Zafra didn't name names in her writing. Practically everyone knew whom she was addressing. She wrote:
"Loyalty and gratitude had blinded me from speaking. I thought that if I shut up, surely this vicious insanity would end, and once again we would be sitting down to a meal at which he would bring his own rice, steaming in its cooker, declare his love of HBO's Rome and Ciaran Hinds' portrayal of Julius Caesar, and bemoan, hilariously, the demise of his hair follicles."
Then again, let us admit that of late, Zafra's former mentor has been less hilarious and more incendiary. It often seems as if the lines between funny and downright offensive are no longer there.
It's not for us to say why he says what he says, but perhaps examining some of his most provocative tweets may help us discern if he's being funny in a way that our mediocre minds can't comprehend or if he's become a person that we're ashamed of admiring.
Check out the following tweets:
War on drugs is of such existential importance it cannot be weakened or compromised by a loose mouth. So zip it. We got a lotta kills to go.— Teddy Locsin Jr. (@teddyboylocsin) September 16, 2016
Noynoy did nothing to save Mary Jane. He could have trumped up charges (like GMA case) vs Recruiter who really planted drugs on Mary Jane.— Teddy Locsin Jr. (@teddyboylocsin) September 13, 2016
If I like making kulangot and breaking wind and I did those on stage at the Asia Pacific Forum would it be described as "refreshingly me"?— Teddy Locsin Jr. (@teddyboylocsin) September 9, 2016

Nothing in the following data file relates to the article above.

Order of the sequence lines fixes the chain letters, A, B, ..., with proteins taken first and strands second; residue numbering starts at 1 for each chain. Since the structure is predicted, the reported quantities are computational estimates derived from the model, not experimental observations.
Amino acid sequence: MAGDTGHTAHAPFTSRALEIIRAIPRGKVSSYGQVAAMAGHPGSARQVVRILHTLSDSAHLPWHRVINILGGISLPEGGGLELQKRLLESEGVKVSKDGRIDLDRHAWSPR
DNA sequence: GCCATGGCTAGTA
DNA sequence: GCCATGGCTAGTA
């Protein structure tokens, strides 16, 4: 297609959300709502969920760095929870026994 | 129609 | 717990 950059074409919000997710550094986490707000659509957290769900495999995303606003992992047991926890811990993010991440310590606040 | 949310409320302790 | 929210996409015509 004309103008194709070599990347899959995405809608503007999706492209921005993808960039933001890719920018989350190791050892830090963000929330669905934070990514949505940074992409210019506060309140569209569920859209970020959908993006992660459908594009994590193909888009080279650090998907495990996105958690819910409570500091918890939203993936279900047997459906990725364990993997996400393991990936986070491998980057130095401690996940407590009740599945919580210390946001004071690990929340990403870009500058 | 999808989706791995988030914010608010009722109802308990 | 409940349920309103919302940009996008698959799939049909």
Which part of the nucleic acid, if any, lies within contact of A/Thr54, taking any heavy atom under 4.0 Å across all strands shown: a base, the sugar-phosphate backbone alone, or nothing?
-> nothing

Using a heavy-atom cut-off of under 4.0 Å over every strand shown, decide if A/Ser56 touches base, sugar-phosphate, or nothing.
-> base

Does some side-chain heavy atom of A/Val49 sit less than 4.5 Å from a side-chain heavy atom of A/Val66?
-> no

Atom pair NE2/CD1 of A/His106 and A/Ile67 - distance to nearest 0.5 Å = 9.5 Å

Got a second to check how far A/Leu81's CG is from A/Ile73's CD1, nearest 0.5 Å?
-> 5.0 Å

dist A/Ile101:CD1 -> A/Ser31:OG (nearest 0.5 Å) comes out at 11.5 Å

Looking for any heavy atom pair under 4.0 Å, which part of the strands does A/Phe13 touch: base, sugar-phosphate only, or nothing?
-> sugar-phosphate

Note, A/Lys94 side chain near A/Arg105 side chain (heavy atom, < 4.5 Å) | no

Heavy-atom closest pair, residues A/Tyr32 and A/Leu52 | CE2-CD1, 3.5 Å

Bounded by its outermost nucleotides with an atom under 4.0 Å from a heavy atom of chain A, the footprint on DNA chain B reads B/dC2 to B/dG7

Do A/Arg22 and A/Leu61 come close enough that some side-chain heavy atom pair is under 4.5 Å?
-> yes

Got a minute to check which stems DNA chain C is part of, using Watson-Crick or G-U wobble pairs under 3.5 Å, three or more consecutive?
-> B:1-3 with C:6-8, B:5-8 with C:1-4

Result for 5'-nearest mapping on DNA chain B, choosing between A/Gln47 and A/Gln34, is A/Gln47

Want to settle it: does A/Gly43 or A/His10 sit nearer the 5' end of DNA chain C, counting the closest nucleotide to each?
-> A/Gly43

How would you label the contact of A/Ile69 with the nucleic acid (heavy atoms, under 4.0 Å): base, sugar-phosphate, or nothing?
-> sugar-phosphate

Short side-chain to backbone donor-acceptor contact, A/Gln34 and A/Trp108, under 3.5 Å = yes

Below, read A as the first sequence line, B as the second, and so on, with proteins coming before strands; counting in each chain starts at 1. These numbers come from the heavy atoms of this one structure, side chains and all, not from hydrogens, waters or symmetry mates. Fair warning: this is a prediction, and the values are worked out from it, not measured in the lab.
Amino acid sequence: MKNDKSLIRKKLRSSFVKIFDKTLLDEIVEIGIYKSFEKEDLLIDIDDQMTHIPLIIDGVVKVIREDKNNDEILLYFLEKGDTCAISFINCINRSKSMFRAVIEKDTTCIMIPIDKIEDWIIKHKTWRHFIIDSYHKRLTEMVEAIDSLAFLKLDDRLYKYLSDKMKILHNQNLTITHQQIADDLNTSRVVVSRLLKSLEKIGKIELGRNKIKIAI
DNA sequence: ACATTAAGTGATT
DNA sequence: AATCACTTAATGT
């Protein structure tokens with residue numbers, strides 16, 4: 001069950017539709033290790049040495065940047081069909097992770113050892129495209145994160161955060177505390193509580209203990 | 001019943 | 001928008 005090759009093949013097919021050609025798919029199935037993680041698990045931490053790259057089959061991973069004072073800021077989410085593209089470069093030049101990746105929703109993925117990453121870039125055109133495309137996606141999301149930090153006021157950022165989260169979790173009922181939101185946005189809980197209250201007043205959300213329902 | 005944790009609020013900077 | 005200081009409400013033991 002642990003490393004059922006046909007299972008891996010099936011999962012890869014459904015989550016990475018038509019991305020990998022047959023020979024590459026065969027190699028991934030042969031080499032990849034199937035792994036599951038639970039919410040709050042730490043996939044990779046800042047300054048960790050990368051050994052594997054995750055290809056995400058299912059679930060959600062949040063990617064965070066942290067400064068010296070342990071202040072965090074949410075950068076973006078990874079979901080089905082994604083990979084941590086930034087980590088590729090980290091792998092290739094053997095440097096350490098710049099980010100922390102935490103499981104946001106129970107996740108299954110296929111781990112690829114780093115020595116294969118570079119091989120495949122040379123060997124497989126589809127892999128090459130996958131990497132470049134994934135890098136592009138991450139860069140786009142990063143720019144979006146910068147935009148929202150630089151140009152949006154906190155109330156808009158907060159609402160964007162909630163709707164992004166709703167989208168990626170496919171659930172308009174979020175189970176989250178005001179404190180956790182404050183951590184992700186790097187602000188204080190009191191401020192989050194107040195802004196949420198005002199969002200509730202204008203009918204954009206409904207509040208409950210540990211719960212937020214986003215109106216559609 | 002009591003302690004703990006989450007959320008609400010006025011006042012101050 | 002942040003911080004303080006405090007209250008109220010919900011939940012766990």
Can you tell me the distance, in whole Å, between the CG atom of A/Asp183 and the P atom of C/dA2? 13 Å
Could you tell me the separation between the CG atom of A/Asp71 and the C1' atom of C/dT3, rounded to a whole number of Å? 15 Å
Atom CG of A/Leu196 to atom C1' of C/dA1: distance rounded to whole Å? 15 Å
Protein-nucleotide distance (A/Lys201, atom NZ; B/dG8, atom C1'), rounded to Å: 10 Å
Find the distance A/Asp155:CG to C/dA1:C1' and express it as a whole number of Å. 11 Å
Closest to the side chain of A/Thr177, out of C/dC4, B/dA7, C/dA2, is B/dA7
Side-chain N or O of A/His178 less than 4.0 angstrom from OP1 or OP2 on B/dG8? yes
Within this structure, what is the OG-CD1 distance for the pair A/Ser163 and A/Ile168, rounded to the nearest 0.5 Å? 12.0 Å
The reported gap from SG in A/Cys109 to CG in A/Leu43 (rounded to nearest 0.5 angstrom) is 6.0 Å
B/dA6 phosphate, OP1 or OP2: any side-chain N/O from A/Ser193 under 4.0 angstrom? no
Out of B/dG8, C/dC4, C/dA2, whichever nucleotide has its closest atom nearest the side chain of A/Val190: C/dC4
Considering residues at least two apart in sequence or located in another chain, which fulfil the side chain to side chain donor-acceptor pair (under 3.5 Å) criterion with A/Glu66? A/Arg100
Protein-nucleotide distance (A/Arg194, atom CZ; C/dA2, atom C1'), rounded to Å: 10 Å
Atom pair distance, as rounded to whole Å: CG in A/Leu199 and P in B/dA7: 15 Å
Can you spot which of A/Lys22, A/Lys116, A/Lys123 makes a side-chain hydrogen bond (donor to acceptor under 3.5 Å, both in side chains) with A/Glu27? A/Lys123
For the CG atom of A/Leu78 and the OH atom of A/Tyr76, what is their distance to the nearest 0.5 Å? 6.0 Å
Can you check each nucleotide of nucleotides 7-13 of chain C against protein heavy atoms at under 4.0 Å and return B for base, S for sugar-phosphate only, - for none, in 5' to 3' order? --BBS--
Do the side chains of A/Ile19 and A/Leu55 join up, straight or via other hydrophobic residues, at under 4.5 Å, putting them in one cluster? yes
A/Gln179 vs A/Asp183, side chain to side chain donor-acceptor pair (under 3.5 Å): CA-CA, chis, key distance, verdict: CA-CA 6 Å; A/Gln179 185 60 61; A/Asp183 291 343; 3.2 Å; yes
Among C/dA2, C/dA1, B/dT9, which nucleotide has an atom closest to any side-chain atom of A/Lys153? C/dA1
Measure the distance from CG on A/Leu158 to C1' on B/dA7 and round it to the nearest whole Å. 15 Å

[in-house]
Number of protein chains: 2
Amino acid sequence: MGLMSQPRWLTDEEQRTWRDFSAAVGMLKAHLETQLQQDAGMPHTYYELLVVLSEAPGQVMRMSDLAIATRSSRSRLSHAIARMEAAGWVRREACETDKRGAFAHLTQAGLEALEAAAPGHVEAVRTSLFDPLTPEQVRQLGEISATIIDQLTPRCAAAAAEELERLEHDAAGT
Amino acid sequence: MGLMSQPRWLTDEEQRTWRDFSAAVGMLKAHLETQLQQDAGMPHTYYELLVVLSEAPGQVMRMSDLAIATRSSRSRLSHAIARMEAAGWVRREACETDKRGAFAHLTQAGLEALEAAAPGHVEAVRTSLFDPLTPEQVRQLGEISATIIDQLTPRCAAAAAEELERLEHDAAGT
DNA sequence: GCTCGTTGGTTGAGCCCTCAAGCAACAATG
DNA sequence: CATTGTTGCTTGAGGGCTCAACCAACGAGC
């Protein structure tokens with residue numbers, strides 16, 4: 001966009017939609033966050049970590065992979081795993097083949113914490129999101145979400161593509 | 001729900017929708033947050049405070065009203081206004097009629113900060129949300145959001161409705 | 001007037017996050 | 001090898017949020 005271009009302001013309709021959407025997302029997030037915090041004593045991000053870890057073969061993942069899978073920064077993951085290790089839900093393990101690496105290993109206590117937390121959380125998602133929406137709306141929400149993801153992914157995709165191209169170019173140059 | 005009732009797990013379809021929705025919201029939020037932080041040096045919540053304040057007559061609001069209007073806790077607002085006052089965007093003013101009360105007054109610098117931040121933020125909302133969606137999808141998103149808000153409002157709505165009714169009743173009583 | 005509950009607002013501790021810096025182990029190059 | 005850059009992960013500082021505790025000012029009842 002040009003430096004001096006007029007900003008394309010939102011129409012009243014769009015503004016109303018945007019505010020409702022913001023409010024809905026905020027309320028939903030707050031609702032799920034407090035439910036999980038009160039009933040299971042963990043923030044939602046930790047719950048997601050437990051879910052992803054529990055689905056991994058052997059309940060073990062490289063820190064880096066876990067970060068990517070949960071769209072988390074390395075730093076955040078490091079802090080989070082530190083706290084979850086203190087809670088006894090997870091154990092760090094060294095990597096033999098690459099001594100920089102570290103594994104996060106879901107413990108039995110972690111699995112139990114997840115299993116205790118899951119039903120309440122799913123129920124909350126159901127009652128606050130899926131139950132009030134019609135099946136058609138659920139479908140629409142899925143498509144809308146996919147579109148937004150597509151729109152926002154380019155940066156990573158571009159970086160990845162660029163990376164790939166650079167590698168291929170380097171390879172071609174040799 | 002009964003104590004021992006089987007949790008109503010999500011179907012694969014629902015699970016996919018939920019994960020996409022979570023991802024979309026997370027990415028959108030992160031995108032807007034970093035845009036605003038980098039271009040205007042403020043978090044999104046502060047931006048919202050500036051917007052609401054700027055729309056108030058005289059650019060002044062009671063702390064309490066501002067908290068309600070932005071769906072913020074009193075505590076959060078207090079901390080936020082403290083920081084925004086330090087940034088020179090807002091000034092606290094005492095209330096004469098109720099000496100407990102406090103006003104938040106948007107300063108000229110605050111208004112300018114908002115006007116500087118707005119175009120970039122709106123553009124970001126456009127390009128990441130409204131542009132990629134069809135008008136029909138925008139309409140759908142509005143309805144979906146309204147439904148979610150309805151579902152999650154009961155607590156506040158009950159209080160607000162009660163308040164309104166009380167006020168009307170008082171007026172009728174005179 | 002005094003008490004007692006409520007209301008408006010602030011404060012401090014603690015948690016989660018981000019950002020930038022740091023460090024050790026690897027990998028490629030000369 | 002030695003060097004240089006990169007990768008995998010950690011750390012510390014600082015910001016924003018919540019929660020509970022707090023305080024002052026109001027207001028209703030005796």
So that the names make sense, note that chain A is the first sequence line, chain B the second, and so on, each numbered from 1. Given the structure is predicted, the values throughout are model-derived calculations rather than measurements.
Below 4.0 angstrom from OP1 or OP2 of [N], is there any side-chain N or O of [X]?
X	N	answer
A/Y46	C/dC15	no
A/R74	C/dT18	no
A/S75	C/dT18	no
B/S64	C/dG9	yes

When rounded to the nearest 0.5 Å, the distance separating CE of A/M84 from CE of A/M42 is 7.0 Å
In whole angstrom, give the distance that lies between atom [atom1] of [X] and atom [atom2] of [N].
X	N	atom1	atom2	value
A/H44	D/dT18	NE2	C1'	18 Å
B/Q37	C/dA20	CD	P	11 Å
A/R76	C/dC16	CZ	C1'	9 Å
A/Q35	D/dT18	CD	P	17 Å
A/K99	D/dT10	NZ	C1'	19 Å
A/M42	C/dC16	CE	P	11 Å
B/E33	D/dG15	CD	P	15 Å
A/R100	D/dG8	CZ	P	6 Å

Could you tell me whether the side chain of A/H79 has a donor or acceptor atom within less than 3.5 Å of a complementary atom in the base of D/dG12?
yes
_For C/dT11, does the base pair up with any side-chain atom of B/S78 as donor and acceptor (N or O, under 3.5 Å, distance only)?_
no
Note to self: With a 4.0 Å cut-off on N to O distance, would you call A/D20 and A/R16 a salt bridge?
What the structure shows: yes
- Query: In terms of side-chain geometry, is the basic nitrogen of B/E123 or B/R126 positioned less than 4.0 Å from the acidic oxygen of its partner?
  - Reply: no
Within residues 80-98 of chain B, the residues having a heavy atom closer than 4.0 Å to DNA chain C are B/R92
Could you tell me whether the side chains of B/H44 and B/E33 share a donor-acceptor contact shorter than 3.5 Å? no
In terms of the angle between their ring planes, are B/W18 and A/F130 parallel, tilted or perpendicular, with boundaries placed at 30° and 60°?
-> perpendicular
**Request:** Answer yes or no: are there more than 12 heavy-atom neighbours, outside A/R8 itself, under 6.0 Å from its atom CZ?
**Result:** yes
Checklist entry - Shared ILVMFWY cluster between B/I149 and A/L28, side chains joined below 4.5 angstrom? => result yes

Killing druggies 2 important 2 be just gimmick. American war on drugs in Colombia should be model. Death lists vetted. Bullets not wasted.— Teddy Locsin Jr. (@teddyboylocsin) August 8, 2016
What about we try this. We pretend we don't see the bodies pile up. Say for 6 months starting from Inaugural. And then we talk, OK?— Teddy Locsin Jr. (@teddyboylocsin) August 4, 2016
OK, Kiko should die his hair like I do. He looks like a skunk.— Teddy Locsin Jr. (@teddyboylocsin) August 22, 2016
@vallybelly dream on, your kind lick, my kind don't have to.— Teddy Locsin Jr. (@teddyboylocsin) October 1, 2016
@BrendanRCrowe In fact, in The Night of the Long Knives, Hitler had his drug-taking homo Brownshirt scumbags killed by new drug-free SS.— Teddy Locsin Jr. (@teddyboylocsin) October 1, 2016
— Teddy Locsin Jr. (@teddyboylocsin) October 1, 2016
— Teddy Locsin Jr. (@teddyboylocsin) September 30, 2016
@coziamrandom so classy of me for recognizing class. I come from an old family unlike you.— Teddy Locsin Jr. (@teddyboylocsin) September 29, 2016
We confess that we find ourselves laughing at some of Locsin's quips. He is a master of words, after all. Other times though, we can't help raising our eyebrows and shaking our heads.
That said, we still can't say if Locsin embodies the best version of ourselves or if he's someone whom we don't want to become. Like Zafra, we shall burn that bridge when we get there.
Brilliant people like Locsin are hard to figure out. We of simpler minds only dream of better days ahead—when we don't have to work so hard to explain why people who should know better seem to enjoy saying things that don't do any good.